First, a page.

After hosting Smashing Pumpkins, Thirty Seconds to Mars, and Third Eye Blind on Saturday night, Kroq returned to the Forum in Los Angeles on Sunday for night two of its annual Almost Acoustic Christmas bonanza with some very different sets.
Three of the most memorable acts of the night had one things in common: they’re all women who know how to command a stage, especially headliner Florence + the Machine and frontwoman Florence Welch. Read all the highlights below:
Hail Florence (and her machine)
When Florence + the Machine took the stage for the headlining set, it felt like the air in the room changed. Welch is a stellar live performer — the British musician pours herself into every note and uses the entire stage, commanding something of an ethereal presence. It’s hard not to be mesmerized when she belts out tunes like “Ship to Wreck” and the new “Patricia,” a tribute to Patti Smith, but one of the most memorable moments of the night came with the band’s most popular song, “Dog Days Are Over.”
She addressed the crowd, beginning by telling everyone to embrace and tell their concert neighbors that they love them, and then told everyone to put their phones away. “If you see someone with a phone, politely ask them to please put it away,” she told the audience. And when Florence Welch gives you an order, you listen (no, really; even this journalist, trying to take notes, was politely told by two crowd members, “put your phone away!”) It led to a cathartic moment where audience members, both hands free after putting their phones away, jumped to the final half of Florence + the Machine’s triumphant hit.
Women Steal the Show
Even before Florence + the Machine took the stage, two young women provided some of the most unique and riveting sets, starting with Chvrches, led by vocalist Lauren Mayberry. The small Scottish singer-songwriter has big stage presence, and could have been inspired by Welch herself, twirling in a flowing dress and pacing the stage back and forth. Her vocals never wavered on songs like “Bury It” and “The Mother We Share,” and the booming beats of the pop-synth songs translated into the crowd.
A little later, 16-year-old emerging singer-songwriter Billie Eilish absolutely rocked her set. Taking to a relatively minimalistic stage set-up, Eilish brought attitude and personality to a performance that had been highly anticipated throughout the night. Pop culture references flashed in the background (ranging from Tinkerbell to an entire tribute to “Sherlock” villain Moriarty) as she ran through hits, including the memorable “You Should See Me in a Crown.”
From Linkin Park hits to his own new songs, Mike Shinoda gave a passionate set. But a special moment came in the form of his stripped-down “In the End,” when he beckoned the audience to sing the parts originally sang by Chester Bennington, the late Linkin Park vocalist. It’s not the first time Shinoda has done this — he’s performed this version throughout his recent tour, including at Kroq’s Weenie Roast this past summer — but it’s a beautiful tribute every time regardless without being too somber.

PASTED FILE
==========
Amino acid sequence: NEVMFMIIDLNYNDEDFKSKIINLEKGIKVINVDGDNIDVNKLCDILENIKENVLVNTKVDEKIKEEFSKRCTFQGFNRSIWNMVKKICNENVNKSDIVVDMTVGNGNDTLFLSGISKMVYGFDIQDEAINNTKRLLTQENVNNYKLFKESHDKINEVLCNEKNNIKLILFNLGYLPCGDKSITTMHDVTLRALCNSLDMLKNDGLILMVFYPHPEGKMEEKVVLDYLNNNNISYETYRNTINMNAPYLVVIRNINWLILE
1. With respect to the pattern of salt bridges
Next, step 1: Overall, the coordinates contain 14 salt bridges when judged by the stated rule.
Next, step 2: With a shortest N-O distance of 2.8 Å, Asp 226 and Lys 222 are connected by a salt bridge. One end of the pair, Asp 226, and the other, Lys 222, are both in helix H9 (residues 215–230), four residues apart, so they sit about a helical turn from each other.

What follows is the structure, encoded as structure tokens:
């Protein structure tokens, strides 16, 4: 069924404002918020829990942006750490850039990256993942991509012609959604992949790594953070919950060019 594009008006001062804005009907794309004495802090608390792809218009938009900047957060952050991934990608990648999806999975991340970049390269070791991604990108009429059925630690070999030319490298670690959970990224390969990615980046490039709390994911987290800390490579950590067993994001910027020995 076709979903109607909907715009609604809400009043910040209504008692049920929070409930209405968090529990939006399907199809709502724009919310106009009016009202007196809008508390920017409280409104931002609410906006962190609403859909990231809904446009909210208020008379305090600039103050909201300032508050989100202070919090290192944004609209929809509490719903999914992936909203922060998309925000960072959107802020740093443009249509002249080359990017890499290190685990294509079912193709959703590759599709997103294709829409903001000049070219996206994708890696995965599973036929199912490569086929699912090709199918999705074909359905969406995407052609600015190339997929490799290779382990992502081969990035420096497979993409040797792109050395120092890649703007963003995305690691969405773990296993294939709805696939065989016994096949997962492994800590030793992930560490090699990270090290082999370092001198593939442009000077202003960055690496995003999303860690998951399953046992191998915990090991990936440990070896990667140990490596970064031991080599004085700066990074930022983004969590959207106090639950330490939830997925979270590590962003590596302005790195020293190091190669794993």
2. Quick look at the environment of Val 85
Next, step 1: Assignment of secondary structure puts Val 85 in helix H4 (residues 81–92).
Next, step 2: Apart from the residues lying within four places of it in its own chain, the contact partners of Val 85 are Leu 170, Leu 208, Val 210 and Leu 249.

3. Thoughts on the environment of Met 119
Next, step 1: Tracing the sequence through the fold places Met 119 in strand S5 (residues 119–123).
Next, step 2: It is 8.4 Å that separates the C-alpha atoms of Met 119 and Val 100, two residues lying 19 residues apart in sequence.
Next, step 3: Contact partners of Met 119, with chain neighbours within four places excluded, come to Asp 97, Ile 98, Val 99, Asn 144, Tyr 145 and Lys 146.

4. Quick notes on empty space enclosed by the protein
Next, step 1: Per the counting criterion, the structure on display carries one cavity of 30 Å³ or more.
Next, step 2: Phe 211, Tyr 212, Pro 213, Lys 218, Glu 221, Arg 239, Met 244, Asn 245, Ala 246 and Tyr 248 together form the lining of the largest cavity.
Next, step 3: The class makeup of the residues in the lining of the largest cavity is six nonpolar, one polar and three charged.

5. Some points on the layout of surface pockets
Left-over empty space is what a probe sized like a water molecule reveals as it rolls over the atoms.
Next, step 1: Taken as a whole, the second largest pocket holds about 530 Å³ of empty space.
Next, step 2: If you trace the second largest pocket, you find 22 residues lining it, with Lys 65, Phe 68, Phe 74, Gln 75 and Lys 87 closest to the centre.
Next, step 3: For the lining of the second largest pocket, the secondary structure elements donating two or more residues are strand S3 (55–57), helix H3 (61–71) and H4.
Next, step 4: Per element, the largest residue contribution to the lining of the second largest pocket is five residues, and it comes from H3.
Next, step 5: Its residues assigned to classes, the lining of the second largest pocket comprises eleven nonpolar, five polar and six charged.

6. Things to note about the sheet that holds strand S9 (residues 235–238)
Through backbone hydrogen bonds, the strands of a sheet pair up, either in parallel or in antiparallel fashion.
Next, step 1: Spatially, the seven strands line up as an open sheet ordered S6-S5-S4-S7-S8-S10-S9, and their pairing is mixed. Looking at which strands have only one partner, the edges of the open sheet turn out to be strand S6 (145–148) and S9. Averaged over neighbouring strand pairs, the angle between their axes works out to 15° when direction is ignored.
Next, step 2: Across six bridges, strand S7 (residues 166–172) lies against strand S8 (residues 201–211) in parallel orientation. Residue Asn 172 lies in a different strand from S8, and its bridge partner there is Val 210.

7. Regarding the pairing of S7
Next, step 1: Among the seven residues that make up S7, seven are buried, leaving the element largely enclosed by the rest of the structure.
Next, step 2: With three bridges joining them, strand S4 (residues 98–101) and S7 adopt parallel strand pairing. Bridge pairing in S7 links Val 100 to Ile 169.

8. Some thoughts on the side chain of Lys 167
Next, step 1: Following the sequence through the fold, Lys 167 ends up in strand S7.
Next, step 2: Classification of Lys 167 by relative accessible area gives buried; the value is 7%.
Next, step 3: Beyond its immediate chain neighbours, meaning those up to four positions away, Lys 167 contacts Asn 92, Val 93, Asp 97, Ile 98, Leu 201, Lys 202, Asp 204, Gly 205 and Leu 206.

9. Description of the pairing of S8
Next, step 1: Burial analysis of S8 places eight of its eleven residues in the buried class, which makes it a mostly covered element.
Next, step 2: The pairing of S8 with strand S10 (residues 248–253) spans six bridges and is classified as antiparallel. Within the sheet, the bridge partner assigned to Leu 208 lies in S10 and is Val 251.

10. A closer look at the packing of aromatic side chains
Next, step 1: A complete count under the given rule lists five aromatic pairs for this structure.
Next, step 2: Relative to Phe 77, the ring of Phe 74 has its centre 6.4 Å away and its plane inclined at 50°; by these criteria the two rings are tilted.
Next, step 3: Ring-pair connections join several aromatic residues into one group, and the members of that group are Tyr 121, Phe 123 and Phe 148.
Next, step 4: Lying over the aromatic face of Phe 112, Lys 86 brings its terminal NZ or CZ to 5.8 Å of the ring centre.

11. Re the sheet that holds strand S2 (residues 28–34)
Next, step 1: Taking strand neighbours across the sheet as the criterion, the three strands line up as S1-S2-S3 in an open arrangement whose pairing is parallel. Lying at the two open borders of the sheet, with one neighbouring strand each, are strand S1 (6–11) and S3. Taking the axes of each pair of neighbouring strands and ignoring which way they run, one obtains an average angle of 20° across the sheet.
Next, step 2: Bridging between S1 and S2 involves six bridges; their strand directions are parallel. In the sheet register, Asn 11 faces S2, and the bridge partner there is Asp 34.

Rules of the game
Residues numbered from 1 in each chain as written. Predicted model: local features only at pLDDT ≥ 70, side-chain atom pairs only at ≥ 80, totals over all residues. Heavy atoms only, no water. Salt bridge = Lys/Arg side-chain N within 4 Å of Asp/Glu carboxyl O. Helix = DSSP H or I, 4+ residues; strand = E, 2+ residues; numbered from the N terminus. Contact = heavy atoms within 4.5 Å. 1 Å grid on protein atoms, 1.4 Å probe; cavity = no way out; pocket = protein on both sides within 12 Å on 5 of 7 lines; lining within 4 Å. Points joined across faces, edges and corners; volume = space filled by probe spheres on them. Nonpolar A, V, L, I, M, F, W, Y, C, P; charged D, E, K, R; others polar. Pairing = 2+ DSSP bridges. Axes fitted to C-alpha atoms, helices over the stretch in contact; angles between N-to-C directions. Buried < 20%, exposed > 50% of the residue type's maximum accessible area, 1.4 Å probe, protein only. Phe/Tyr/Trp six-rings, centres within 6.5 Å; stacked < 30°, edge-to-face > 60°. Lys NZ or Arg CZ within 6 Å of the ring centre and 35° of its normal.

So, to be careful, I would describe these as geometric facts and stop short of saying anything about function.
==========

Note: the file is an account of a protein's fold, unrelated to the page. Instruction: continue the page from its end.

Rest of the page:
Hits on Hits
When Young the Giant took the stage, they rarely addressed the crowd because, as frontman Sameer Gadhia put it, they were determined to play “as many songs as possible.” And that they did, leading through audience through performances of radio mainstays like “Cough Syrup,” “My Body,” and an especially passionate “Something to Believe In.” Shortly after, Bastille amped up the crowd with its own hits, including “Quarter Past Midnight,” which fittingly turned the rock show into a dance party, and a booming “Pompeii.”
Death Cab for Cutie, having the second-top-billed spot before Florence + the Machine, also rolled through some of their most memorable songs (though, notably, not their most popular, “I’ll Follow You Into the Dark”) for a no-frills performance, focusing only on the music. The band is tight and controlled live, but it could’ve used a little more life after such high-energy sets.
Lovelytheband opened up the show in an act that can best be compared to a good old-fashioned garage band show. Lead singer Mitchy Collins was charming and earnest and, before performing their most popular song “Broken,” gave a touching speech about mental health. “You’re not alone in feeling like this,” he told the crowd. “Asking for help is not weak. Asking for help is absolutely the bravest thing you can do.”
Mike Posner, who took the stage after Lovelytheband, also addressed the crowd with what felt like a sermon at the end of his set, but moreso shined when he got down to the hits, including a rendition of “Ibiza” dedicated to Avicii. A special shoutout has to go to the band’s Jacob Scesney, though, who proved it’s entirely possible to shred on a saxophone.